Disney has struck a deal to license new Sony movies following their release in theaters and their post-theatrical Netflix window, and there are a few different ways you can look at that news.
My initial take? Much ado about windows. Seriously, this isn’t that big of a deal, folks. It’s the equivalent of a press release from FX touting the TV rights to Jurassic World. Good for FX, but for most people reading this site, it’s like, didn’t you already see Jurassic World by the time it makes its way to FX a year later? Now, I completely understand that there are probably a lot of people who don’t have the luxury of seeing movies like Jurassic World on the big screen, and first encounter Hollywood blockbusters on cable networks like FX, but still, let’s pump the brakes on this Sony-Disney arrangement before we start popping champagne bottles. After all, if you happen to miss a big Sony movie in theaters, chances are you’re going to watch it within its first 28 days on Netflix, rather than wait however many more months for a title’s Disney deal to kick in. Of course, if you don’t have Netflix, you may very well be excited about this announcement. Why?
Because Disney has now acquired the third window for Sony’s upcoming comic book movies Spider-Man: No Way Home, Venom: Let There Be Carnage, and Morpheus, which is cool because it puts all the Marvel movies under one streaming roof… eventually. Whether there’s value in that completionist approach is another story — financial terms of the deal were not disclosed — but Sony obviously has much more to offer than its Spider-Man franchise and related spinoffs.
The deal also grants Disney the rights to a significant number of Sony’s successful library titles, which include the Jumanji and Hotel Transylvania franchises. These movies aren’t relegated to simply existing as digital rectangles on a Disney+ menu, either, as Disney can air them on Hulu as well as its linear entertainment networks such as ABC, Freeform, FX, National Geographic, and all Disney channels. Hulu will in fact become the new streaming home to a significant number of Sony’s library titles as early as this June. It’s unclear whether it will be sharing select titles with Netflix, whose deal with Sony also included library titles, or whether certain movies will be exclusive to a single streamer.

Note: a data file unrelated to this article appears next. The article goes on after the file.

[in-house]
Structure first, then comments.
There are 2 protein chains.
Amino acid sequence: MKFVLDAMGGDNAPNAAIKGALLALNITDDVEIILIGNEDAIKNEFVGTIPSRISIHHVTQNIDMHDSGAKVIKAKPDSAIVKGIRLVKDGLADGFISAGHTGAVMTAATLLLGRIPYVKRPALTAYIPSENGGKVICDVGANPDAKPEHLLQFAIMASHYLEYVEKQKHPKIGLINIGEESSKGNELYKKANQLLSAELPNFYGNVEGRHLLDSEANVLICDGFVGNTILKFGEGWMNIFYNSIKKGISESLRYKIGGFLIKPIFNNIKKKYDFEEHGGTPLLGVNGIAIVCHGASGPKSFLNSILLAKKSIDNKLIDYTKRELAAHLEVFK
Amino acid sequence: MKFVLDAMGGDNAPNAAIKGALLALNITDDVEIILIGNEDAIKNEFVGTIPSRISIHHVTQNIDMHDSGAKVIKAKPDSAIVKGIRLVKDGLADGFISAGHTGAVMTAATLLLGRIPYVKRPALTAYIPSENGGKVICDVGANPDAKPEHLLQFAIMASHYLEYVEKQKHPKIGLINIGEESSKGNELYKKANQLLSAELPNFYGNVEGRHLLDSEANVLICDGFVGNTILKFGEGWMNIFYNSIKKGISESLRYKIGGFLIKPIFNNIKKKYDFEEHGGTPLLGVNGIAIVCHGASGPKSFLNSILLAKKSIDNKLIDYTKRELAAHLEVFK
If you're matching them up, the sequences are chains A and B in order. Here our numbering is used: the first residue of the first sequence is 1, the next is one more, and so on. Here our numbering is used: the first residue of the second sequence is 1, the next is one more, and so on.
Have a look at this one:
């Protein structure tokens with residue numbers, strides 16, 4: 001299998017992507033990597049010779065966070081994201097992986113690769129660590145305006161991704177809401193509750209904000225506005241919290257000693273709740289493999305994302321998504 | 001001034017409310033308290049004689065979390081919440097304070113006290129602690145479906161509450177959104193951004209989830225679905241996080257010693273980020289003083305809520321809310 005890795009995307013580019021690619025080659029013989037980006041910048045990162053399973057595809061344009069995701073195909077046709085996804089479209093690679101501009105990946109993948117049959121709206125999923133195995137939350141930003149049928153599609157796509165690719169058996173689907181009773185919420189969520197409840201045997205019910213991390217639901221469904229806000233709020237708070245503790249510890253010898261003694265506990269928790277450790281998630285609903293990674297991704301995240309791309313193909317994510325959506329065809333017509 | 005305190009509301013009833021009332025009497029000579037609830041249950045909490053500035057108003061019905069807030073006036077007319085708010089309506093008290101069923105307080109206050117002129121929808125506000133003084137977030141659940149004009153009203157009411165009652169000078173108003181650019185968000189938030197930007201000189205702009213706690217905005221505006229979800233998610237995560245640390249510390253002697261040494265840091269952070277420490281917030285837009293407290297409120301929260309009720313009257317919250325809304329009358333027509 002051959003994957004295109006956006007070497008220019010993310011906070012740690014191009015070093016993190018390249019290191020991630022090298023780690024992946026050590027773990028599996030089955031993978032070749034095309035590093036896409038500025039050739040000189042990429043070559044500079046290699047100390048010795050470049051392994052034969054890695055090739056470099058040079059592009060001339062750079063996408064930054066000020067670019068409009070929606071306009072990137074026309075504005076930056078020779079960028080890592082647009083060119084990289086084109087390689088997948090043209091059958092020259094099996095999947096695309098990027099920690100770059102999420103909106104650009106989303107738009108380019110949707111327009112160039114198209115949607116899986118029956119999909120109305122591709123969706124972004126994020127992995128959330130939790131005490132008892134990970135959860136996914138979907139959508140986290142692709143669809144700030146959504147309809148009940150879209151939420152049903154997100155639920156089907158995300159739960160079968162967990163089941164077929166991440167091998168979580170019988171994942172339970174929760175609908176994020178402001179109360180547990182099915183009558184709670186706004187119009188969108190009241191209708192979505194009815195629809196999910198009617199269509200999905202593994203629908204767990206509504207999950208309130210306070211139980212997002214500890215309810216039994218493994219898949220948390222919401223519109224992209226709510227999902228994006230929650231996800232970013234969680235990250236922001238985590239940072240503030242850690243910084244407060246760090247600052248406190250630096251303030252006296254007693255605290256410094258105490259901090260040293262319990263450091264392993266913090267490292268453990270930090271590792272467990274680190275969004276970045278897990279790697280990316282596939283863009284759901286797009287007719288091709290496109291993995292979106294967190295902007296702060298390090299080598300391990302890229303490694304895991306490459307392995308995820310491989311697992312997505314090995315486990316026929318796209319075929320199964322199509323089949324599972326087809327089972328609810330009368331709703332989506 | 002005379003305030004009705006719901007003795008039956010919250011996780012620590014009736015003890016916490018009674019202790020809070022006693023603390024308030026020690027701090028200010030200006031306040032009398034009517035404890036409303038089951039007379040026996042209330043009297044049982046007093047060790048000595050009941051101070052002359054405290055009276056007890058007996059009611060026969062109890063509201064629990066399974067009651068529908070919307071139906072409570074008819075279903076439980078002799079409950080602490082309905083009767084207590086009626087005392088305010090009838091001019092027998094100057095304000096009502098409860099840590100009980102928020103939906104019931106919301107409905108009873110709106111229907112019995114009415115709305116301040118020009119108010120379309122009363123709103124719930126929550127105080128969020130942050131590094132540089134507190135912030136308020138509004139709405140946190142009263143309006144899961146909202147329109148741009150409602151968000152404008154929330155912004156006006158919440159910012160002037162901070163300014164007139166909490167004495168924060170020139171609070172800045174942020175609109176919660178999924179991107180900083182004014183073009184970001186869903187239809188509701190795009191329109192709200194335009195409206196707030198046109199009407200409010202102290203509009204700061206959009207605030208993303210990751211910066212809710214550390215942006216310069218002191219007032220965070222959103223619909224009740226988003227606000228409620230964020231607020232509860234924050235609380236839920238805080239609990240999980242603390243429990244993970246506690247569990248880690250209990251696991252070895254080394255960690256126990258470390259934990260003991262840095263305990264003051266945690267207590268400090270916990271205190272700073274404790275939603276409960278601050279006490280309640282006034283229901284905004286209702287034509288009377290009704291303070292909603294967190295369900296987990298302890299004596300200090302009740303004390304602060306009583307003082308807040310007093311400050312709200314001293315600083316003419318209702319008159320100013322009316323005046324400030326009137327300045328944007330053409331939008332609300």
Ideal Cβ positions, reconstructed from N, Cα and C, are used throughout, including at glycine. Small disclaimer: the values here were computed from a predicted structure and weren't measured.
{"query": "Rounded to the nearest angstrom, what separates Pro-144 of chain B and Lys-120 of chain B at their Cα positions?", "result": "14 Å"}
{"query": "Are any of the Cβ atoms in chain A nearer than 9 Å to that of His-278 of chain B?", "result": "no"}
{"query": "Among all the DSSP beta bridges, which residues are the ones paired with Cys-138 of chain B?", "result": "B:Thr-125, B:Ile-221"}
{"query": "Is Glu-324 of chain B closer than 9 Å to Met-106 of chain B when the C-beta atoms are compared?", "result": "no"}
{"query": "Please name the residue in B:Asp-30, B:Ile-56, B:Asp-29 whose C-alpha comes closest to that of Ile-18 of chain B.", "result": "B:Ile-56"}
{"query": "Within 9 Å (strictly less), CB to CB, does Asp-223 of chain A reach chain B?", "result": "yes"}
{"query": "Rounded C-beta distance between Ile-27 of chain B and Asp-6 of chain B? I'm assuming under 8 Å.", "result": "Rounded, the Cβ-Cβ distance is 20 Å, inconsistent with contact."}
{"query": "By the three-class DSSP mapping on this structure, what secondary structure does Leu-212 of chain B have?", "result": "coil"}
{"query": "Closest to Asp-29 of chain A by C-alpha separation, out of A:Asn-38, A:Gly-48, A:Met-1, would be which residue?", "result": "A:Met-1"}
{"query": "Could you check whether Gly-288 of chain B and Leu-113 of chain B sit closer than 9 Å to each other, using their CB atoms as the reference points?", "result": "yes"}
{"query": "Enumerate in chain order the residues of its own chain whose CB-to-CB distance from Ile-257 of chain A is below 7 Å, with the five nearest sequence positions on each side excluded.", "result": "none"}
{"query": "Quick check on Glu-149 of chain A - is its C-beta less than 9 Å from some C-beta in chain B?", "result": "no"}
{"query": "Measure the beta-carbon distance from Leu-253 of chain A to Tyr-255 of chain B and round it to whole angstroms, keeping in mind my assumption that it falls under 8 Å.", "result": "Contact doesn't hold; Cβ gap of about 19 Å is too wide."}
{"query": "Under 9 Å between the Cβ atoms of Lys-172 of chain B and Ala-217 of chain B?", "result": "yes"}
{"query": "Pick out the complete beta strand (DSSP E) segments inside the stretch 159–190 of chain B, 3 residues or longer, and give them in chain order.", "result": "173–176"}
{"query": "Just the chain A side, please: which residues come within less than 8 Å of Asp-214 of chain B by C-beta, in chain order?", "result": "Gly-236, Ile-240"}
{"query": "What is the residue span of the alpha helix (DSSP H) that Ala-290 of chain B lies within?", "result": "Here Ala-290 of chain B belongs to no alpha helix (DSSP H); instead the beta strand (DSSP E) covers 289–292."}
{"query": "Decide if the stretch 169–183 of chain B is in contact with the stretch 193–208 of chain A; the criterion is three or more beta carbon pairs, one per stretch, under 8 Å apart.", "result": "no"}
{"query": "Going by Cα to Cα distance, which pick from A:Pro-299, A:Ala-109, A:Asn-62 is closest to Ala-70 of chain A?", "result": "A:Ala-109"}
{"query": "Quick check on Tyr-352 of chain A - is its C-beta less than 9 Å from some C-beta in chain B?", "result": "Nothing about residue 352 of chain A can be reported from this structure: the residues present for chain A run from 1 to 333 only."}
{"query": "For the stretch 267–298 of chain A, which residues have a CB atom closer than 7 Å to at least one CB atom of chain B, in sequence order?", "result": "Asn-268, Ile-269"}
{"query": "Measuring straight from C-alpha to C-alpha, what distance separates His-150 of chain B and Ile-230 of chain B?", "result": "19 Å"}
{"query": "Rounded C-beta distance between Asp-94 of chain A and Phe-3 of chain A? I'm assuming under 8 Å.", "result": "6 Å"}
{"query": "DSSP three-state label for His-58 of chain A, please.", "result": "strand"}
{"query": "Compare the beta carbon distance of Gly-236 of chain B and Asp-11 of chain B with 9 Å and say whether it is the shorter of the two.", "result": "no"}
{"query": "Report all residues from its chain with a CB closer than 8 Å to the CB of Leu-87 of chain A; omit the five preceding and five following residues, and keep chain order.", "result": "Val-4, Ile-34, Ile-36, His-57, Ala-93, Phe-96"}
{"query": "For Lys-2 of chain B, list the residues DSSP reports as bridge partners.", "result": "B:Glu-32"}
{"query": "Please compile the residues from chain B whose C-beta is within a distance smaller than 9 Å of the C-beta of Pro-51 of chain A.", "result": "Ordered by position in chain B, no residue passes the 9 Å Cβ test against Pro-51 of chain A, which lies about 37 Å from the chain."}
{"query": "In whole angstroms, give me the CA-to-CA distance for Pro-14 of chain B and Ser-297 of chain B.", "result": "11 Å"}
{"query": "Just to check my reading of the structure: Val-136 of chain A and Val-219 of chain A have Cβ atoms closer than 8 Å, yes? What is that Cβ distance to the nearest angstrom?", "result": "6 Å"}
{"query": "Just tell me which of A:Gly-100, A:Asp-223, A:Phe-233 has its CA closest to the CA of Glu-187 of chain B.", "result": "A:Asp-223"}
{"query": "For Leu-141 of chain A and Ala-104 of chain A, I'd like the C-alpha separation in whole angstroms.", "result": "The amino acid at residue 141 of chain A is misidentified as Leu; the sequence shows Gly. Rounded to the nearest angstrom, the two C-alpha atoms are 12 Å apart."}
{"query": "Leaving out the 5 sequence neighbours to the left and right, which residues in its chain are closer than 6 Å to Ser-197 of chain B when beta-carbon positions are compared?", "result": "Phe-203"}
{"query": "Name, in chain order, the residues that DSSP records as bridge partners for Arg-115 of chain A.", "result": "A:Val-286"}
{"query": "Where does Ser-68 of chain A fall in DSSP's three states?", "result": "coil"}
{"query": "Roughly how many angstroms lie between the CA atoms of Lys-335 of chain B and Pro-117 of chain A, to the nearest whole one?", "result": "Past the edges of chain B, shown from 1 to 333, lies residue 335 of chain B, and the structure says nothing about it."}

The new arrangement covers Sony’s theatrical releases from 2022-2026 and begins for each film following its Pay 1 TV window, which is now controlled by Netflix as of April 8. The agreement builds upon Sony’s prior arrangement with Disney, as SPE movies had previously been licensed to FX.
“This landmark multi-year, platform-agnostic agreement guarantees the team at Disney Media and Entertainment Distribution a tremendous amount of flexibility and breadth of programming possibilities to leverage Sony’s rich slate of award-winning action and family films across our direct-to-consumer services and linear channels,” said Disney’s Chuck Saftler. “This is a win for fans, who will benefit from the ability to access the very best content from two of Hollywood’s most prolific studios across a multitude of viewing platforms and experiences.”
“This groundbreaking agreement reconfirms the unique and enduring value of our movies to film lovers and the platforms and networks that serve them,” added Sony’s Keith Le Goy. “We are thrilled to team up with Disney on delivering our titles to their viewers and subscribers. This agreement cements a key piece of our film distribution strategy, which is to maximize the value of each of our films, by making them available to consumers across all windows with a wide range of key partners.”
The real takeaway here is that Sony is as much a seller as it is a buyer right now, much like Paramount. Sure, Paramount is still in the Tom Cruise business, but it sold The Trial of the Chicago 7 to Netflix and Coming 2 America and Without Remorse to Amazon. Yes, the pandemic played a big part in those decisions, but if the studio doesn’t think a movie is worth the marketing spend required of a wide theatrical release, it won’t think twice about selling that movie to a deep-pocketed streamer for a tidy profit.
Sony hasn’t started selling off its slate just yet, but the studio is smart enough to know that it can’t compete with Netflix or Disney, so it’s better to just make deals with them. Those streaming deals are becoming all the more important to the bottom line these days as smaller studios fight to survive. Paramount is investing heavily in Paramount+ but it was always going to sell Coming 2 America to the highest bidder, and Lionsgate will likely find itself in the same boat as Paramount and Sony. Will Apple or Amazon make a similar deal for post-theatrical, post-Pay 1 TV window rights to Wick 4? And if/when they do, will that be trumpeted as a major deal?
The downside of this deal for Sony is that it makes the studio a somewhat less attractive acquisition target, because the rights to its top properties have already been sold. For example, if Apple acquired Sony tomorrow, it could be a while before Spider-Man started swinging across Apple TV+ per the terms of this new Disney deal. Then again, I haven’t examined the fine print, which always lurks below the surface of a shiny new deal like this. If we get any details worth printing in The Daily Bugle, I’ll be sure to let you know…
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